The higher rates of molecular relapse in patients on imatinib suggested a higher level of residual disease at the time of MR. The sensitivity of nested PCR can be increased by performing replicate PCR reactions from the same sample; with this technique BCR-ABL transcripts become detectable in some normal individuals.7 Experiments detailed in Table 1 confirmed this assumption in principle. However, it is worth noting that the sensitivity of the nested PCR in the dilutions of patient cells was 2-3 orders of magnitude lower than in dilutions of K562 cells. This is likely to reflect higher levels of BCR-ABL mRNA in K562 cells compared to patient cells, at least in the two individuals analyzed here who were in complete hematologic remission at the time of the experiment. We performed 10 replicate reactions (corresponding to a total of 107 cells) on 45 samples from 17 patients after allografting, 36 samples from 19 patients on imatinib and 20 healthy controls. The replicate assay was positive in 18/36 samples (50%) from patients on imatinib, 8/46 (17.4%) after allografting and 4/20 (20%) from healthy individuals (Table 2). The differences were significant between patients on imatinib and after allografting (P=0.003, chi2 test) and between patients on imatinib and healthy individuals (P=0.005, chi2 test), but not between patients after allografting and healthy individuals (P=0.9, chi2 test), indicating a higher level of residual disease in patients in MR to imatinib than after allografting. In contrast, the frequency of positive samples in transplanted patients was not different from the background observed in healthy controls (20%). Similar rates have been seen in previous studies of healthy volunteers.7 Negativity by replicate testing was more stable in patients after allografting, although, even in these patients, positive replicate reactions continued to occur with longer follow-up (Figure 1d). As we did not serially follow normal volunteers, it is not known if this pattern would also be seen in the controls.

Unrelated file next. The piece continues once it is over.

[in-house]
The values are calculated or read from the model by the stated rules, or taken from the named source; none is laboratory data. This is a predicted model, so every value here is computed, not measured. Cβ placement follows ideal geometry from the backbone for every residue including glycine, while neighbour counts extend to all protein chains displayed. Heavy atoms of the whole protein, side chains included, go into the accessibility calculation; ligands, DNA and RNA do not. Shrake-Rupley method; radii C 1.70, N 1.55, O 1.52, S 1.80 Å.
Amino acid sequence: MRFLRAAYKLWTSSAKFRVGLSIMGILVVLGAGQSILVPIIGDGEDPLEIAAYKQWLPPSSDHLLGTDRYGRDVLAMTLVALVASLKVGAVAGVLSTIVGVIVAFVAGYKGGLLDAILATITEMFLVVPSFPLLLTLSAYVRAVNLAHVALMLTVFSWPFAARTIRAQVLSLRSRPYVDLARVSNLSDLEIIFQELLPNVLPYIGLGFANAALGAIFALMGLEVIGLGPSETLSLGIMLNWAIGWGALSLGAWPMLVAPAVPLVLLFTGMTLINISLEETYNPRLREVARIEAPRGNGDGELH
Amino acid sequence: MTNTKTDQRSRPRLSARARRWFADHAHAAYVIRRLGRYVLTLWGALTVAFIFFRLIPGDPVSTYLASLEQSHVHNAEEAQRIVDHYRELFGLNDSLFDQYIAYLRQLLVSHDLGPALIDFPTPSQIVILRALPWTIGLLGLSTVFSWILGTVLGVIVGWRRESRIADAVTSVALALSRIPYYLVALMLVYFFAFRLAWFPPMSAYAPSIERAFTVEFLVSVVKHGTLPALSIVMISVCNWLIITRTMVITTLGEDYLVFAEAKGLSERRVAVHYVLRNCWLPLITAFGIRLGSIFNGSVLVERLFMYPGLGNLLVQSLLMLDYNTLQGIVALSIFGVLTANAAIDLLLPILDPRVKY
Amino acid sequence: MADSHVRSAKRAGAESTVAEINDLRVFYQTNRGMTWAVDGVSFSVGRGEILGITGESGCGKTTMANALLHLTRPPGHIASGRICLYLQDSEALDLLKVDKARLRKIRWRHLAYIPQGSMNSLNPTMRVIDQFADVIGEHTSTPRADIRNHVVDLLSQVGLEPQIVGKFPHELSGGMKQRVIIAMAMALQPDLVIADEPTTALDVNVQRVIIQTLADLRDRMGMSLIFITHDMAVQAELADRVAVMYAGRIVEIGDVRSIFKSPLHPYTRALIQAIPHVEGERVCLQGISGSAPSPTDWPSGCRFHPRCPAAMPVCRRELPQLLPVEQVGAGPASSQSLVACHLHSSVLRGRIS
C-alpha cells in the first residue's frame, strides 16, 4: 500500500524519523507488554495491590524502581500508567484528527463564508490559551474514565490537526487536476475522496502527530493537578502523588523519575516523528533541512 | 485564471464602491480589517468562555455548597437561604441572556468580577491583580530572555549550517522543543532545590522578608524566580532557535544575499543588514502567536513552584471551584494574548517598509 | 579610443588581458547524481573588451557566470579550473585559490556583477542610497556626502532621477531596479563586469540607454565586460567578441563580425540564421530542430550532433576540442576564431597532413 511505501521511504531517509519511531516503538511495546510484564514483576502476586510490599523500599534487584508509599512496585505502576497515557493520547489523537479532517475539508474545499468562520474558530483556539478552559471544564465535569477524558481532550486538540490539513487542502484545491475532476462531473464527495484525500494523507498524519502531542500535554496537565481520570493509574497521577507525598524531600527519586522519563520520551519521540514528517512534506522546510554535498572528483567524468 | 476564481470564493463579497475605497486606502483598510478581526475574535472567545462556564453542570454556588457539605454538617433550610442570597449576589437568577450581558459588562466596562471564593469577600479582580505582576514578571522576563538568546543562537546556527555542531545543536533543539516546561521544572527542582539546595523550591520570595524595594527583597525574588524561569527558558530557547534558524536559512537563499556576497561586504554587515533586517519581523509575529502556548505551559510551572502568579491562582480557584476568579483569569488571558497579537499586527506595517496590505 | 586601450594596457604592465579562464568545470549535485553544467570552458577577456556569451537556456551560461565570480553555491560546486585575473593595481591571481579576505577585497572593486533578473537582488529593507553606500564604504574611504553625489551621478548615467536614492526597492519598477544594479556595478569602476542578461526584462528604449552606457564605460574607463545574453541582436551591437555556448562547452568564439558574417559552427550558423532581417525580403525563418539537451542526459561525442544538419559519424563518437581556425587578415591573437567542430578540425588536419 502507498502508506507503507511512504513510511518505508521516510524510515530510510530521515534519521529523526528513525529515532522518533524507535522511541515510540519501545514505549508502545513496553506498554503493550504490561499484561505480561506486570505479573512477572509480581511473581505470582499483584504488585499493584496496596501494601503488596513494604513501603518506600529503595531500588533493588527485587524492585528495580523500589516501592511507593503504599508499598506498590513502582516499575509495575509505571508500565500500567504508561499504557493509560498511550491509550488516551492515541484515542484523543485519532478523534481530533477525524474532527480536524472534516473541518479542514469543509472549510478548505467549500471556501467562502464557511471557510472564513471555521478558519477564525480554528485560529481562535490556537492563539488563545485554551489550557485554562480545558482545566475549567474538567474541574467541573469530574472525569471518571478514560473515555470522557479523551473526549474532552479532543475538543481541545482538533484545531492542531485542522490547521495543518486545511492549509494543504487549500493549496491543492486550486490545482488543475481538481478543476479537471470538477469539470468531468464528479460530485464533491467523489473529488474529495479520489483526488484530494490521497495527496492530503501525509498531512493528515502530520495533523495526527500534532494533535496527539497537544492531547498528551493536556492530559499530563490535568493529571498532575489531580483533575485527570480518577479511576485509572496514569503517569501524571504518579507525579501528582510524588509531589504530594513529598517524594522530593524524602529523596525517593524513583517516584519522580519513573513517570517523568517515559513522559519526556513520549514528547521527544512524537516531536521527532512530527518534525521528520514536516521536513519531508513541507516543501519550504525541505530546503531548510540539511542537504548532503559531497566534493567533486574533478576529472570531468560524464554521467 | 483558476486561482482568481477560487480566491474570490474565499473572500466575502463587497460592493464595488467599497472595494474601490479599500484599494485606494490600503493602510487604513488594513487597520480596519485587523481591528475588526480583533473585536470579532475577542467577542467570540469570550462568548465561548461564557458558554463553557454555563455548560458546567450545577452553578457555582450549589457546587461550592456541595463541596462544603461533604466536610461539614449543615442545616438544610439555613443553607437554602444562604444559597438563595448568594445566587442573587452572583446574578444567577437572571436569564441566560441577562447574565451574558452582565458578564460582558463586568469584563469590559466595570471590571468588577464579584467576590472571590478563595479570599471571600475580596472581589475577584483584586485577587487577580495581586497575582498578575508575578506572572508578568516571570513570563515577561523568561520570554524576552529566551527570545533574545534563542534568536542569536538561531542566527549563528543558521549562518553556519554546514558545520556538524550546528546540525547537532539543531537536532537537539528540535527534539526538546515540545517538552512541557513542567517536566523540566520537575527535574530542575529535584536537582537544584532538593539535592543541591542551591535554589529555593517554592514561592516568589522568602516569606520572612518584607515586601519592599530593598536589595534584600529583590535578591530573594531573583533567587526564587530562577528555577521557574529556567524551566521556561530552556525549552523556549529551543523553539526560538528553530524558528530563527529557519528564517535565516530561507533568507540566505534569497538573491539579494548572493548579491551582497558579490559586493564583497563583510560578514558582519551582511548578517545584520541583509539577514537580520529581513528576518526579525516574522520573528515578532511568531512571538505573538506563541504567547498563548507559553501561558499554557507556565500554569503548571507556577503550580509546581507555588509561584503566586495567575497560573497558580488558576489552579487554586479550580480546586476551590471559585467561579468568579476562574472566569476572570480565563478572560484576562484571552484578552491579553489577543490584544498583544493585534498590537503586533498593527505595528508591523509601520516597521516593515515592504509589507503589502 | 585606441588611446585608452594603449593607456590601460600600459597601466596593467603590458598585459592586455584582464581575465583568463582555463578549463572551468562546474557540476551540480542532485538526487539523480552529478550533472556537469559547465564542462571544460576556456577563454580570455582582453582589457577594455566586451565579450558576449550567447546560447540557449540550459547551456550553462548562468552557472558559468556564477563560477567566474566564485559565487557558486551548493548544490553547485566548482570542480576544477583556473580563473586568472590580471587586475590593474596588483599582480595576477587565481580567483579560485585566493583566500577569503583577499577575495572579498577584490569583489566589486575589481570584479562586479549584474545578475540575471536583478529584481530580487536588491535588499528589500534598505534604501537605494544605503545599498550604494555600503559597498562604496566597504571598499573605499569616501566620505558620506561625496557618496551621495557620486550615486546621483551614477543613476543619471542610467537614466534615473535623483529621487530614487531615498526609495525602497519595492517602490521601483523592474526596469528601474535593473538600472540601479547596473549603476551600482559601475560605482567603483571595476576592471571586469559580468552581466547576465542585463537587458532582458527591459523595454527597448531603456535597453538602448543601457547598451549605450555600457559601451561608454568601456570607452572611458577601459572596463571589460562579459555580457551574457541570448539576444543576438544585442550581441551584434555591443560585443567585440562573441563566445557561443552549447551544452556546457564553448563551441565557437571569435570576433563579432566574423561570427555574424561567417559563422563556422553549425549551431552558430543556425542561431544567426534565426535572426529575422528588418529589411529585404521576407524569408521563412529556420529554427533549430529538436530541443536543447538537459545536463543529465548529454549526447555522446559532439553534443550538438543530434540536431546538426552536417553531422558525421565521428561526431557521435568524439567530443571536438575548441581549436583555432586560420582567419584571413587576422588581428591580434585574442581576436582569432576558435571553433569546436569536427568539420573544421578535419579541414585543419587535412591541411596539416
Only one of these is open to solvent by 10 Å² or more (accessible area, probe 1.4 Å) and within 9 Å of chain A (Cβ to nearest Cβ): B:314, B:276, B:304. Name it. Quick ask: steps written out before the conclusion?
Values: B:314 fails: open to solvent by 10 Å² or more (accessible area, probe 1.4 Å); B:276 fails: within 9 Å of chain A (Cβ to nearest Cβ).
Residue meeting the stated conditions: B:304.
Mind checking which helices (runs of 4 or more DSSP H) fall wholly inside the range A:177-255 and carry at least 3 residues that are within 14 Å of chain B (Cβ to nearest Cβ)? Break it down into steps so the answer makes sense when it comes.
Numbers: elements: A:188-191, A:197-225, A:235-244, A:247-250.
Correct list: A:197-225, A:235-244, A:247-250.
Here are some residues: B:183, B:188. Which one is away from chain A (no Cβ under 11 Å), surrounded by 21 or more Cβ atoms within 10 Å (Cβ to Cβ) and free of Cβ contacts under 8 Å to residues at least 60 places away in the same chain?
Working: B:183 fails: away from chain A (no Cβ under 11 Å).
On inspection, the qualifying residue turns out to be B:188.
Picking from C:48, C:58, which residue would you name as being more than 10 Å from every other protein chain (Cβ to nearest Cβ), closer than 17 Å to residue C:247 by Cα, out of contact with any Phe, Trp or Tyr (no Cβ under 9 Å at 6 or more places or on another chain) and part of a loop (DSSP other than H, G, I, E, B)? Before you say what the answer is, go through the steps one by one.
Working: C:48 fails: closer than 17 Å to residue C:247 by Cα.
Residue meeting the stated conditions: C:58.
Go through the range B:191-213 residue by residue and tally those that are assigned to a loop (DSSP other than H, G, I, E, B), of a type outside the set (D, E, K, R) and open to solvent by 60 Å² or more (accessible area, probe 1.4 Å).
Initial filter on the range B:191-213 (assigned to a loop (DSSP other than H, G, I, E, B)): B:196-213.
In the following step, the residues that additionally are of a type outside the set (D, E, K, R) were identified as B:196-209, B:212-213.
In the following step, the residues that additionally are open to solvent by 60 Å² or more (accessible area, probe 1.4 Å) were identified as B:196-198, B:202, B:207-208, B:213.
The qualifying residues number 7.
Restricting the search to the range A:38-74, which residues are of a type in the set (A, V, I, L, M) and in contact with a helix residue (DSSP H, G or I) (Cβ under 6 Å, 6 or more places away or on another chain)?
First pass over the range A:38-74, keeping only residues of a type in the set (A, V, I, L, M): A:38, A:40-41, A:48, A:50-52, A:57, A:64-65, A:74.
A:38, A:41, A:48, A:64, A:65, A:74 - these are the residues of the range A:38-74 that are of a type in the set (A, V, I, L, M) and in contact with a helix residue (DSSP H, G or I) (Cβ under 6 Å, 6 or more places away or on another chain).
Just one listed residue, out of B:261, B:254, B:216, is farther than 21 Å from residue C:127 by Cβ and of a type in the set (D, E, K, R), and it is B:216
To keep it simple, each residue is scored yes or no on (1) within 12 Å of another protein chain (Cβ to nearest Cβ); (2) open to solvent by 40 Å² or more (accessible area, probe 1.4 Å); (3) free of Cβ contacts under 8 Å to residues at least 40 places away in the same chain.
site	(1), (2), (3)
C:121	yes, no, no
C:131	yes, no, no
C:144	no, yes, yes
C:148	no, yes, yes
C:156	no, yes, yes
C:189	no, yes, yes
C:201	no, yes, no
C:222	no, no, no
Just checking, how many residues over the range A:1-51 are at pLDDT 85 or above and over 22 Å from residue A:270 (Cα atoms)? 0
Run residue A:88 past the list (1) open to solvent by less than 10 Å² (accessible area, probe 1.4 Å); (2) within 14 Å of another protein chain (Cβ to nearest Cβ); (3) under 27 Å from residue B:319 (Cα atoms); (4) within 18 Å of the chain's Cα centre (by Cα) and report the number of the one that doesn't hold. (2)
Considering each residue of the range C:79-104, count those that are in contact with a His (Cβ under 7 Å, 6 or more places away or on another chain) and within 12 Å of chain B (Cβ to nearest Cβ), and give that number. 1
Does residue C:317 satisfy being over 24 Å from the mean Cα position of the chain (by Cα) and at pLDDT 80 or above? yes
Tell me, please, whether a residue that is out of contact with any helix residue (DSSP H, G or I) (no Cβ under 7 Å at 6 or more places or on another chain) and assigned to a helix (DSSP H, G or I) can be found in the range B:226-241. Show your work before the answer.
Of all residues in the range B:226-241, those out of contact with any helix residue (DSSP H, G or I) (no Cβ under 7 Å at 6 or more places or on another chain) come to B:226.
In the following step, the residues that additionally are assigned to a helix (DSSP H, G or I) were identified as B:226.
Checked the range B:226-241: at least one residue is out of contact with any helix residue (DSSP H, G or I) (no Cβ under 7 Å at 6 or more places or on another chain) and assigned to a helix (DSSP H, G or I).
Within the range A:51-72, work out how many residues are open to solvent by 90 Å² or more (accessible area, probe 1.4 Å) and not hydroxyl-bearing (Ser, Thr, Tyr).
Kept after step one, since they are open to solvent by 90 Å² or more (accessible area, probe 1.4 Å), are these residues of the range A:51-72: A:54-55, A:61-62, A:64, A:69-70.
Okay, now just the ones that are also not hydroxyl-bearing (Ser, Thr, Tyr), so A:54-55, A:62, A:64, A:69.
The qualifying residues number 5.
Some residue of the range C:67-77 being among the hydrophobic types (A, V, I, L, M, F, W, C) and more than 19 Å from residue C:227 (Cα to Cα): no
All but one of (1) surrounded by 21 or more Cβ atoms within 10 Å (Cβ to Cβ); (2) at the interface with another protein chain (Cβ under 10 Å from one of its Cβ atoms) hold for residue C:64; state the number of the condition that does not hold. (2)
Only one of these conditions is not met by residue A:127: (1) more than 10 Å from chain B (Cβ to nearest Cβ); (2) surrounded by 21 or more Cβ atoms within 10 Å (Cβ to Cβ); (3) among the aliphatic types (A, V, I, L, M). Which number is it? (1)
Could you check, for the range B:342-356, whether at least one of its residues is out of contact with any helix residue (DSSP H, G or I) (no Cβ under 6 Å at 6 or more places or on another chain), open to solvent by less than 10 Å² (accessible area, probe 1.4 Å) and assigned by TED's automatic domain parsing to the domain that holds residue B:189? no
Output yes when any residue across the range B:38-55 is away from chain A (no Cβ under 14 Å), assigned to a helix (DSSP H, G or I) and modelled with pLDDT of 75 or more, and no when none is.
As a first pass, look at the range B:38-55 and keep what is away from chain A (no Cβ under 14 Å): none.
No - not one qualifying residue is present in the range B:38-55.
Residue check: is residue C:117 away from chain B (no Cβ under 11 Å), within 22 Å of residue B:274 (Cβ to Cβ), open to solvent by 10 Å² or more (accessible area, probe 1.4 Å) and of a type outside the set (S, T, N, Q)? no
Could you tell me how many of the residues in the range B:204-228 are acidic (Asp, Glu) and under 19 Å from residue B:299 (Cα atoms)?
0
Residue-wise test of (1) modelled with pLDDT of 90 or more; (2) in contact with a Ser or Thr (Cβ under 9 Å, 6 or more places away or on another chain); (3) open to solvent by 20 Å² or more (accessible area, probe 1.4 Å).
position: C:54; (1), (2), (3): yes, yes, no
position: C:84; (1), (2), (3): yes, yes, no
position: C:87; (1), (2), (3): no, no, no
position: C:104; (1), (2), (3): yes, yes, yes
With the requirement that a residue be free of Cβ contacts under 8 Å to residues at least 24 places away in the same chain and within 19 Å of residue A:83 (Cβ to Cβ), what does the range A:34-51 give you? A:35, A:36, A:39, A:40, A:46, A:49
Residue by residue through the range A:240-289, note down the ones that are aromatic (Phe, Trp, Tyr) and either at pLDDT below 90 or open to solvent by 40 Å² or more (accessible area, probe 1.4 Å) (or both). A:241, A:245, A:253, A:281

Our results demonstrate that MR is less durable in patients treated with imatinib than after allografting. Thus, from the time of first MR, the burden of residual disease may further decrease in transplanted patients, while it plateaus or increases in most patients on imatinib. Although these findings may be influenced by a higher density of BCR-ABL tests in the imatinib group, they are consistent with results from patients monitored by qPCR.3 In addition, more patients on imatinib than after allografting tested positive in replicate PCR reactions. Our data add to a growing body of evidence that disease eradication, at least with standard dose imatinib monotherapy, may be rare. Patients on imatinib should be made aware of the fact that a single negative RT-PCR test does not have the same significance as in patients after allografting. In addition, correct interpretation of the test results requires knowledge of the test's sensitivity and stringent controls for the quality and quantity of RNA assayed are crucial. It is indeed questionable whether in patients on imatinib a single negative RT-PCR test should be termed MR at all. It should be noted that we accepted a lower limit of GAPDH (6022 copies/mul cDNA) expression than, for example, Scheuring et al, who used 20 000 copies/mul as the cutoff.8 It is thus possible that the overall rate of positive results in our study would increase if samples with relatively low GAPDH expression were eliminated. However, given that GAPHDH expression is comparable between patients on imatinib and after allografting, this would not affect the comparison between the two groups. Prospective studies will be needed to determine how many sequential negative RT-PCR reactions predict for long-term negativity and long-term freedom from progression. Conversely, single positive tests may represent fluctuations due to technical reasons, for example, variations in the amount of input cDNA, and should thus not be over-interpreted.